Josh and I are discussing pizza.  It is a great weekend treat for him, but I have to admit, “I don’t really like pizza.”  It is an age-old debate between the two of us, but this time, someone was listening in.

Samantha pipes up from the room adjacent.  “Mom, have you even TRIED pizza?  I have, and I really enjoy it!”



Silence and peace.  Samantha and Seth are eating.  Simon is in the shower.

I am standing over the sink, eating lunch, staring out the window into a beautifully sunny day, pondering the mysteries of life in this tiny slice of mental space.

Seth moves from stuffing his belly to deconstructing his lunch, crumbling his biscuit into the floor, and rubbing the slice of turkey in it on his chest.

Simon appears in the kitchen door, water sluicing down his stark naked little self.

He grins at me, as the water mixes with Seth’s crumbs.  “I left foot prints.”



It’s been very quiet since we moved, once we got past the drama of moving.  The summer has been filled with long walks and playing in sprinklers.  I have a collection of wonderful moments: the sound of a happy, tired toddler babbling in his daddy’s arms, both wet from the sprinkler; watching Simon do his happy dancing run that I hadn’t seen since he was a toddler; having long conversations with Samantha.  Not so many moments seem so surreal or so hysterical as they did before the move.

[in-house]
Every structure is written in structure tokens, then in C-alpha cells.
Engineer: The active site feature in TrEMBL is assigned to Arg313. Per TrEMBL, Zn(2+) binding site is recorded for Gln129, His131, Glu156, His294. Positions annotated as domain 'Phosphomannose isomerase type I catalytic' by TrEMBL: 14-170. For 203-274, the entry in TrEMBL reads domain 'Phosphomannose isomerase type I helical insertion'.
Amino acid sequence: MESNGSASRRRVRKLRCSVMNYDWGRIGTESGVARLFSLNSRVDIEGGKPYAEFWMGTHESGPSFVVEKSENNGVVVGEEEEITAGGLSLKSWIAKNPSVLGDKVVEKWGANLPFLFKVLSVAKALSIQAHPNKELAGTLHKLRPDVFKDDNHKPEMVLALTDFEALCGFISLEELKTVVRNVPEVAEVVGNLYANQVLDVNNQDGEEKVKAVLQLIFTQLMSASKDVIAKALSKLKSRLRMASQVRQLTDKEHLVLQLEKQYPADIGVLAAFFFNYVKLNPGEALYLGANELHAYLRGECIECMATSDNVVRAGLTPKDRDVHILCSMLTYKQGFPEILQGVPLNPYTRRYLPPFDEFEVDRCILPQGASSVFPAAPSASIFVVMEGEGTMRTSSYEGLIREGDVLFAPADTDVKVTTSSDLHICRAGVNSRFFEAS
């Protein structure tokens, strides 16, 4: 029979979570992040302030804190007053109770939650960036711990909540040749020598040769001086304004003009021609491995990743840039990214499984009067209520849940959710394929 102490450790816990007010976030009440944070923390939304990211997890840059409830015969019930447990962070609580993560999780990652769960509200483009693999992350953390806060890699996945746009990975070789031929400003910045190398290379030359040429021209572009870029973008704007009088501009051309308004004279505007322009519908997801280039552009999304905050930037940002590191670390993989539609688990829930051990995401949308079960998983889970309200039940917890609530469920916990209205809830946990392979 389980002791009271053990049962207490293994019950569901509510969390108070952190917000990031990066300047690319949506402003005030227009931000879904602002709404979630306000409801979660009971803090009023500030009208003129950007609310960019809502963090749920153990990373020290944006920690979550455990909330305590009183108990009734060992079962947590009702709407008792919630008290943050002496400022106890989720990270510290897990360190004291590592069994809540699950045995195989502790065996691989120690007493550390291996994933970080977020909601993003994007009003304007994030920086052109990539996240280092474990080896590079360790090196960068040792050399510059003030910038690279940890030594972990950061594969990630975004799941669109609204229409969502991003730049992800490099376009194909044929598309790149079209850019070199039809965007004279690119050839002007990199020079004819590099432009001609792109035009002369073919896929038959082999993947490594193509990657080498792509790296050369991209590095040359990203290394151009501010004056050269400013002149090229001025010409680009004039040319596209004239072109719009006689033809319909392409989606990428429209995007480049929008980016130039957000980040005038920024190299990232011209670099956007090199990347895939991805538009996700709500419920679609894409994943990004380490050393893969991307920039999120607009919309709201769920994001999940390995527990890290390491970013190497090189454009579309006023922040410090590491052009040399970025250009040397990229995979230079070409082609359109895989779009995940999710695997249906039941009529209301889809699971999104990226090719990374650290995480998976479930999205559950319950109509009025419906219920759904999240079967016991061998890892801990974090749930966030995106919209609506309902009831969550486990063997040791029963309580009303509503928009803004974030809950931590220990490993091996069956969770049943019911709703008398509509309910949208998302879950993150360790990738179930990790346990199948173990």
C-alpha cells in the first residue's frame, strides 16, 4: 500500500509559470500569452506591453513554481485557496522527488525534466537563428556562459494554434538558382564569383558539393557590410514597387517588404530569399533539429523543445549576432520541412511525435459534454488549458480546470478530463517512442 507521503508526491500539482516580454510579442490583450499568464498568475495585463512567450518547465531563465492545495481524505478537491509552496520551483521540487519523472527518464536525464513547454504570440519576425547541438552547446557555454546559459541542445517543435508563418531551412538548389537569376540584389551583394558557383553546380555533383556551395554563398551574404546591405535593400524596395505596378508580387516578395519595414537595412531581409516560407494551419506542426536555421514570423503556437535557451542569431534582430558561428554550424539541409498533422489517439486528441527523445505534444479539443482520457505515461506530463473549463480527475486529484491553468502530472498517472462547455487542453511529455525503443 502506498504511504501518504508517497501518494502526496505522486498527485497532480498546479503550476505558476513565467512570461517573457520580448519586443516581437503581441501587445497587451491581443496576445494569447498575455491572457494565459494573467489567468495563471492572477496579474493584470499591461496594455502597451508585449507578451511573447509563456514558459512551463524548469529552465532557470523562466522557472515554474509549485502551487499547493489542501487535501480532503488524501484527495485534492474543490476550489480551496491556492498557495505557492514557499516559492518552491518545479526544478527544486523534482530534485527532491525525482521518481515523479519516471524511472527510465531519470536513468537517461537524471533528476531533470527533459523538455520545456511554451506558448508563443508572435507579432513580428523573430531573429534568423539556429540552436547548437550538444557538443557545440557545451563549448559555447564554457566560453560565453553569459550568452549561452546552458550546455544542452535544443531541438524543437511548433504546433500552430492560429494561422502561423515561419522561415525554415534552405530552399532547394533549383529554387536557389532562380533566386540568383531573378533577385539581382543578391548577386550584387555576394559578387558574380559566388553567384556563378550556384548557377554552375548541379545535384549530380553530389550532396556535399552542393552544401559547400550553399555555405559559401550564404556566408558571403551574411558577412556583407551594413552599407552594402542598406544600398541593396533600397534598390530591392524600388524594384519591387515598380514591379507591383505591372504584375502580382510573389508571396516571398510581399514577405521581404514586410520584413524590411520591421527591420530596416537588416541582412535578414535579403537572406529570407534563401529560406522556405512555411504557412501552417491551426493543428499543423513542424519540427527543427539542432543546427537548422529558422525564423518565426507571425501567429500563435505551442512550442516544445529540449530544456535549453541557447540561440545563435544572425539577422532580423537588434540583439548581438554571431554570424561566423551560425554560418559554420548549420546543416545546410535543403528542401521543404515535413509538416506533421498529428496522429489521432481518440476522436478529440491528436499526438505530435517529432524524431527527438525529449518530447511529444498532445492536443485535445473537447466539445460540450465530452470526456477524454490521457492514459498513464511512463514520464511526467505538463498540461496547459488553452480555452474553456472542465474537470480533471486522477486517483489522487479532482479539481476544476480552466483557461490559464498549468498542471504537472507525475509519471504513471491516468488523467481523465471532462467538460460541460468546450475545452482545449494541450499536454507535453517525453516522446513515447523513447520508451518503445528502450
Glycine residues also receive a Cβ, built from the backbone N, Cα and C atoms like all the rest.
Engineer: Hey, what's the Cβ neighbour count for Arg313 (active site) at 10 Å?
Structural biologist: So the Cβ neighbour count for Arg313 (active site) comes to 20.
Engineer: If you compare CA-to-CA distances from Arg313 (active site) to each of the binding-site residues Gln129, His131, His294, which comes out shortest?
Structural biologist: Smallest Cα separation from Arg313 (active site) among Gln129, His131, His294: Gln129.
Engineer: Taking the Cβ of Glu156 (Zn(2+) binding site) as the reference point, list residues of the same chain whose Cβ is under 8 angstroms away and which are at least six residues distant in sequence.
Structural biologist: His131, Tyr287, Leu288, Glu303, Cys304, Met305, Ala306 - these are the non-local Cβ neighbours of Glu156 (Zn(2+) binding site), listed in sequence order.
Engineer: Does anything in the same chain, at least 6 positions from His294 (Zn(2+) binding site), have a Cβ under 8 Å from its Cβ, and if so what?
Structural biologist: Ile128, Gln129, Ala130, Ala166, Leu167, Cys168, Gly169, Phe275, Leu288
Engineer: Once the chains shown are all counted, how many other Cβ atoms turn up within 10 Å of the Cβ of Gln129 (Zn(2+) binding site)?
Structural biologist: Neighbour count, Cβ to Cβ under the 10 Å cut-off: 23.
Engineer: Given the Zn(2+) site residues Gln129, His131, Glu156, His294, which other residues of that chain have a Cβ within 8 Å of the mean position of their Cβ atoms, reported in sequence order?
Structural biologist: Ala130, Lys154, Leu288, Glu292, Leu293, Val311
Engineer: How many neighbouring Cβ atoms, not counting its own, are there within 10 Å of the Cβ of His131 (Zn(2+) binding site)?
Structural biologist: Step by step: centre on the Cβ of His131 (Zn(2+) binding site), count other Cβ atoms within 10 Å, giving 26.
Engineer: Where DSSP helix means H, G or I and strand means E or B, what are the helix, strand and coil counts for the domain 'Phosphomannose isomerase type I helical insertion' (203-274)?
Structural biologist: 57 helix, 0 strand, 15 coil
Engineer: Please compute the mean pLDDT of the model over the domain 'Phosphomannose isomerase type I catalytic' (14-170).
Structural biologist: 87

Here’s a little flavor of summer, before the heat goes and the fall begins:

Probiotic Popsicles

Doesn’t that sound delicious?  You can laugh now.  I don’t tell the children that name.  I tell Samantha they’re just grape juice.   Simon doesn’t care what they are.  They’re frozen, and sweet, and tasty, and that’s all he needs to know.  Seth is decidedly pre-caring about names.

I started these because Simon in particular needed something new.  Kombucha is off the shelves, and I can’t make it to save my life.  He loves the stuff, and it keeps his stomach the healthiest in the house.  Without it, we have been lost.  Curse Whole Foods!

I use a bottle of liquid probiotics that have more bug variety than our coconut yogurt.  I put just one tablespoon of the liquid (that’s 1 serving according to my bottle) into 12 ounces of fruit juice.  I used grape because our probiotics are grape and berry flavored.  With that mixed well, I freeze it in our kinderville molds.  Samantha loves to crunch on the popsicle, but will not drink the melted juice.  Simon gets irritable that he can’t have all four.  Seth thinks they’re fun to play with, and will eat half of one.  I will play with the amount of probiotic until, hopefully, I can get a full serving into each popsicle, and still get Samantha to eat one.


Josh grilled burgers.  They were done and ready before the buns were completely defrosted.  So while Josh gathered up the children, I stood over the toaster oven, rotating bun halves through.  It was taking awhile, both with the buns and with Simon, who was being goofy and uncooperative for Josh, on the other side of the house.

All of a sudden, Simon comes running into the kitchen, “NO, MAMA!  DON’T DO IT!”